environmental studies and Italian from the University of Wisconsin-Madison. She has been a fellow of the National Academy of Public Administration since 1996.

Ms. Katharine L. Jacobs is currently the special assistant for policy and planning for the Arizona Department of Water Resources (ADWR). She was the director of the Tucson Active Management Area of the ADWR from 1988 through 2001. Ms. Jacobs earned her M.L.A. in environmental planning from the University of California, Berkeley. Her expertise is in groundwater management and developing practical, appropriate solutions to difficult public policy issues. She has worked in many capacities for ADWR since 1981, verifying groundwater rights, developing mandatory conservation and enforcement programs, writing statewide rules requiring the use of renewable water supplies in new subdivisions, and working within the Tucson community building consensus solutions to serious water policy conflicts. She has facilitated development of groundwater recharge facilities and regional recharge policy. She served on the NRC’s Committee on Assessing the Future Value of Ground Water, the Synthesis Team for the U.S. National Assessment of the Potential Consequences of Climate Variability and Change, and has authored a number of publications on water management subjects.

Dr. Anthony C. Janetos is a senior research fellow at the H. John Heinz III Center for Science, Economics, and the Environment. Dr. Janetos earned his Ph.D. in biology from Princeton University. In 1999 he joined the World Resources Institute as senior vice president and chief of program. Previously he served as senior scientist for the Land-Cover and Land-Use Change Program in NASA’s Office of Earth Science, and was program scientist for the Landsat 7 mission. He has many years of experience in managing scientific research programs on a variety of ecological and environmental topics, including air pollution effects on forests, climate change impacts, land-use change, ecosystem modeling, and the global carbon cycle. He was a cochair of the U.S. National Assessment of the Potential Consequences of Climate Variability and Change, and was an author of the IPCC Special Report on Land-Use Change and Forestry and the Global Biodiversity Assessment. Dr. Janetos recently served on the NRC Committee on Review of Scientific Research Programs at the Smithsonian Institution.

Dr. Charles D. Kolstad is currently the 3M Visiting Professor of Environmental Economics in the Department of Economics at Massachusetts Institute of Technology. Dr. Kolstad is also the Donald Bren Distinguished Professor of Environmental Economics and Policy at the University of California, Santa Barbara, where he is jointly appointed in the Department of Economics and the Bren School of Environmental Science and Management. For the decade prior to joining UCSB in 1993 he was on the faculty of the University of Illinois, Urbana-Champaign. He has been a visiting professor at MIT, Stanford, the Catholic University of Leuven (Belgium) and the New Economic School (Moscow). He received his Ph.D. from Stanford University (1982), his M.A. from the University of Rochester and his B.S. from Bates College. His research interests have been in the area of regulation, particularly environmental regulation. Recently he has also done work on environmental valuation theory in the role of information in environmental decision making and regulation, and the role of uncertainty and learning in controlling the precursors of climate change. His past work in energy markets has focused on coal and electricity markets, including the effect of air pollution regulation on these markets. Dr. Kolstad has served on several NRC committees, including the Committee on Building a Long-Term Environmental Quality Research and Development Program in the U.S. Department of Energy and the Board on Energy and Environmental Systems.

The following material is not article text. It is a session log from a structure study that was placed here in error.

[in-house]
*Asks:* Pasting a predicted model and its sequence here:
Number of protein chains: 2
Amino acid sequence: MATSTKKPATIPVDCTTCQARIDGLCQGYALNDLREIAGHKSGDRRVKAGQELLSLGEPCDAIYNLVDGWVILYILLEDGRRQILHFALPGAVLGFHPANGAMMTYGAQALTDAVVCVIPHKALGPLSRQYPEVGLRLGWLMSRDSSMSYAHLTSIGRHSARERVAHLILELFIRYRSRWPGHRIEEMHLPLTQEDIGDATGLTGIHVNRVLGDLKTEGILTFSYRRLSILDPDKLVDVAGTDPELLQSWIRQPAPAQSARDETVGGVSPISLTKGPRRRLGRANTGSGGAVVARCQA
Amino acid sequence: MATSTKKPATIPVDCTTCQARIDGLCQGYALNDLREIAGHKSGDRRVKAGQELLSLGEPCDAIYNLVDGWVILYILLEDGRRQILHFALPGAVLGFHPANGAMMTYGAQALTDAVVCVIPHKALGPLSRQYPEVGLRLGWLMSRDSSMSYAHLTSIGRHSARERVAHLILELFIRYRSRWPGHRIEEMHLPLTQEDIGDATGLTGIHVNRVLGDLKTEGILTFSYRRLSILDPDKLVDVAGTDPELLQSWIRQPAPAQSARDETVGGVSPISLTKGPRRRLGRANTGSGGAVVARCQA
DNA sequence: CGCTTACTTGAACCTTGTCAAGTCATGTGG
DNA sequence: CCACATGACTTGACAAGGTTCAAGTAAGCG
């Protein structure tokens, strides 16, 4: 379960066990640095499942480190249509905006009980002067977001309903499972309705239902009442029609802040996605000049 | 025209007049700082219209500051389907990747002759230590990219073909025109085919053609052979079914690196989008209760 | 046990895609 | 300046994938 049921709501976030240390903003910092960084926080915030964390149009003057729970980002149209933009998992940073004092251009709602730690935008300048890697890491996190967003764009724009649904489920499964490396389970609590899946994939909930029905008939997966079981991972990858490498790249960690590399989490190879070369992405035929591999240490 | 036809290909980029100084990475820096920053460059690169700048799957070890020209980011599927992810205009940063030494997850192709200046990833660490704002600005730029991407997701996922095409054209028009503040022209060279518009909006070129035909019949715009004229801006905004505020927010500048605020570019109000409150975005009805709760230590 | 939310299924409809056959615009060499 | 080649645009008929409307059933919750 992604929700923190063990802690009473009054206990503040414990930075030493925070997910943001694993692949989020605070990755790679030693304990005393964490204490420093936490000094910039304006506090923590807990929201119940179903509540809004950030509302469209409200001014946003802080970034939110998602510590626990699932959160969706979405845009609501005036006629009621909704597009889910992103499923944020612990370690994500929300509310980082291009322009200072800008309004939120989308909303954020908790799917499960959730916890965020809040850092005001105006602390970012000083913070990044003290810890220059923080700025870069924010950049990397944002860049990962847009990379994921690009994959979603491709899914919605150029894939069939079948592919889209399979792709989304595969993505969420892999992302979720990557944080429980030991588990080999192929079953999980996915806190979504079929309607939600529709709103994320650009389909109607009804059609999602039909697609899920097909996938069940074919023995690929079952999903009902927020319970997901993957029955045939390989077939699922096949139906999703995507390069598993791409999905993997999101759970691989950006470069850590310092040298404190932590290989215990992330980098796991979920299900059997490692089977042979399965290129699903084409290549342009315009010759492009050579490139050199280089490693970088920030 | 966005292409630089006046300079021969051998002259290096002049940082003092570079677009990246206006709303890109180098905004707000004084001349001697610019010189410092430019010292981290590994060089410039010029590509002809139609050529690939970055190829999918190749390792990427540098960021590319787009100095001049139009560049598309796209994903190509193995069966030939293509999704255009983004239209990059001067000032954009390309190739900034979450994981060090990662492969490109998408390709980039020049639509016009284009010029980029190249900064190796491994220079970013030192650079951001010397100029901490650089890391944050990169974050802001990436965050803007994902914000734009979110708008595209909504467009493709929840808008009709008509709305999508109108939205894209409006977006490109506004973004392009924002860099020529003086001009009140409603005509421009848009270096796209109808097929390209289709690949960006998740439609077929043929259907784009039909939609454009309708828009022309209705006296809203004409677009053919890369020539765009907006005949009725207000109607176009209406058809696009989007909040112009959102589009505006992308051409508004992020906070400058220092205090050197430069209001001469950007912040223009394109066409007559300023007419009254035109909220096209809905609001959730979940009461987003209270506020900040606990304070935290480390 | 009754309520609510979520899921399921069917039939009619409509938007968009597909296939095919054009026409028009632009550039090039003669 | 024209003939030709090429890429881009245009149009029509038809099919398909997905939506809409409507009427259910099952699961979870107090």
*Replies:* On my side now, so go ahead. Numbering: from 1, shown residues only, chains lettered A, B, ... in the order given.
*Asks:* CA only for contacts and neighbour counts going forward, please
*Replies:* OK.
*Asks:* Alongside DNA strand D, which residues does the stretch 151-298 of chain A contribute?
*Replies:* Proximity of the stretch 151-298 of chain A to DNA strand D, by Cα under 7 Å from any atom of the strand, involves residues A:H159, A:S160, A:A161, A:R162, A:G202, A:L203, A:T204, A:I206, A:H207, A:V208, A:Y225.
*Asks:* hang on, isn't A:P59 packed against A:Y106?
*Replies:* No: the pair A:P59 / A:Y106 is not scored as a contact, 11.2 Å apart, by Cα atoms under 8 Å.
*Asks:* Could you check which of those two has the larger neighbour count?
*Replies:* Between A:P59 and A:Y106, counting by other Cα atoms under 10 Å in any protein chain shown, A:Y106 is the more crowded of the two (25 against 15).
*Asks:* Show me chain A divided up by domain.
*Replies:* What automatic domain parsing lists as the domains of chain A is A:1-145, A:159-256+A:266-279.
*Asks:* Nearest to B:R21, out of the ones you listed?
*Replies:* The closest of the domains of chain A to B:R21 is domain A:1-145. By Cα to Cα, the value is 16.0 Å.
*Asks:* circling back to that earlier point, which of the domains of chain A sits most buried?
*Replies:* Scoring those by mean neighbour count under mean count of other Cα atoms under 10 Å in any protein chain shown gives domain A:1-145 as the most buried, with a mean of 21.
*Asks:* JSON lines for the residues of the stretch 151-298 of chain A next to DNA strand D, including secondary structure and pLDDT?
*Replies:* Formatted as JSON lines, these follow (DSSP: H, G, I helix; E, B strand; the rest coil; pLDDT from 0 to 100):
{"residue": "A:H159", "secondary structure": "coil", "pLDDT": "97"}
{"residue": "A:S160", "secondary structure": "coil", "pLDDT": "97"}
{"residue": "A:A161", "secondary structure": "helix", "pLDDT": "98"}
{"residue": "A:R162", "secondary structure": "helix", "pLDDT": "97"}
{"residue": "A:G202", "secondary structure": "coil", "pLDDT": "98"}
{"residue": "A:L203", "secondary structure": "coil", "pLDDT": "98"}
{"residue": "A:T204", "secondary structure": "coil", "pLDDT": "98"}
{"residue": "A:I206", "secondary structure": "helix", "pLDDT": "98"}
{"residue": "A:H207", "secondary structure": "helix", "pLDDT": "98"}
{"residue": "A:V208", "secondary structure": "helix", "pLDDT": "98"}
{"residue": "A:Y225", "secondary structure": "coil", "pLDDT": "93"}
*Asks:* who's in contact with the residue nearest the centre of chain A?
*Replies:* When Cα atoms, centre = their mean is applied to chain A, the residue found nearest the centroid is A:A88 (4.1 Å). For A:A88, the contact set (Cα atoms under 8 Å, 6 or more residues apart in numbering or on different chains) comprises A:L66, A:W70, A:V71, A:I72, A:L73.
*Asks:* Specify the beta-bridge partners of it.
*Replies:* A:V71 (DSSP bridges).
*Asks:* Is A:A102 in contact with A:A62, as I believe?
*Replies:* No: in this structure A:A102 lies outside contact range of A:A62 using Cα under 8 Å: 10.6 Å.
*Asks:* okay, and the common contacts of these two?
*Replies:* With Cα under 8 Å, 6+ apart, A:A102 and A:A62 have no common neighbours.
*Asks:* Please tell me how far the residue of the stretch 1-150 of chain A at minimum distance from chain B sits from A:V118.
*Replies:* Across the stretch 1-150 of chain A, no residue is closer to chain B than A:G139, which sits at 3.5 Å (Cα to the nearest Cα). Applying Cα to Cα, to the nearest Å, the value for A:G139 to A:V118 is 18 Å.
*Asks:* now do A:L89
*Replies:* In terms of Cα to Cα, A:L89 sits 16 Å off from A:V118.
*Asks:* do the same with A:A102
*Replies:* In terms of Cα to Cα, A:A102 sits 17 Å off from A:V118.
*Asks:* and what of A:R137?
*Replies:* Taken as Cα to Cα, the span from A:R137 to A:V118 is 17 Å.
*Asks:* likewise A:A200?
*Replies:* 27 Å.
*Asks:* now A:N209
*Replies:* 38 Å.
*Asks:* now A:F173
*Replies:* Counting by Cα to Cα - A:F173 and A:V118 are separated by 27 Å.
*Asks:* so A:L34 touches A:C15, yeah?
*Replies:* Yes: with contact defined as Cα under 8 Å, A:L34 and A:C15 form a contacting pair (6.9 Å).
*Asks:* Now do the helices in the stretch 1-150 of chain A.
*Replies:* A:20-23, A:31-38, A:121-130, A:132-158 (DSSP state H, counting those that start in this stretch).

Dr. Diana M. Liverman is director of the Center for Latin American Studies, professor of geography and regional development, and a member of the Executive Committee of the Institute for the Study of Planet Earth (ISPE) at the University of Arizona. Dr. Liverman’s research examines the social causes and consequences of environmental change, especially in Latin America. She is currently working on the impacts of climate variability and change on agriculture and water resources, and on the anthropogenic causes of changes in land use and land cover, both with a regional focus on Mexico. She also studies environmental policy relating to the U.S.-Mexico border, the functioning of transnational research institutions, such as the Inter-American Institute for Global Change Research, and she is associated with UA-ISPE’s Climate Assessment for the Southwest. Dr. Liverman received her Ph.D. from University of California, Los Angeles.

Dr. Jerry D. Mahlman is a senior research fellow at the national center for atmospheric research (NCAR) in Boulder, Colorado. He was director of the Geophysical Fluid Dynamics Laboratory at the National Oceanic and Atmospheric Administration in Princeton, New Jersey for 16 years before his retirement in 2000. He was also a professor of atmospheric and oceanic sciences at Princeton University for 28 years. Much of Dr. Mahlman’s research career has been directed toward understanding the behavior of the stratosphere and troposphere. This has involved extensive mathematical modeling and diagnosis of the interactive chemical, radiative, dynamical, and transport aspects of the atmosphere, as well as their implications for climate and chemical change. Over the past decade he has occupied a central role in the interpretation of

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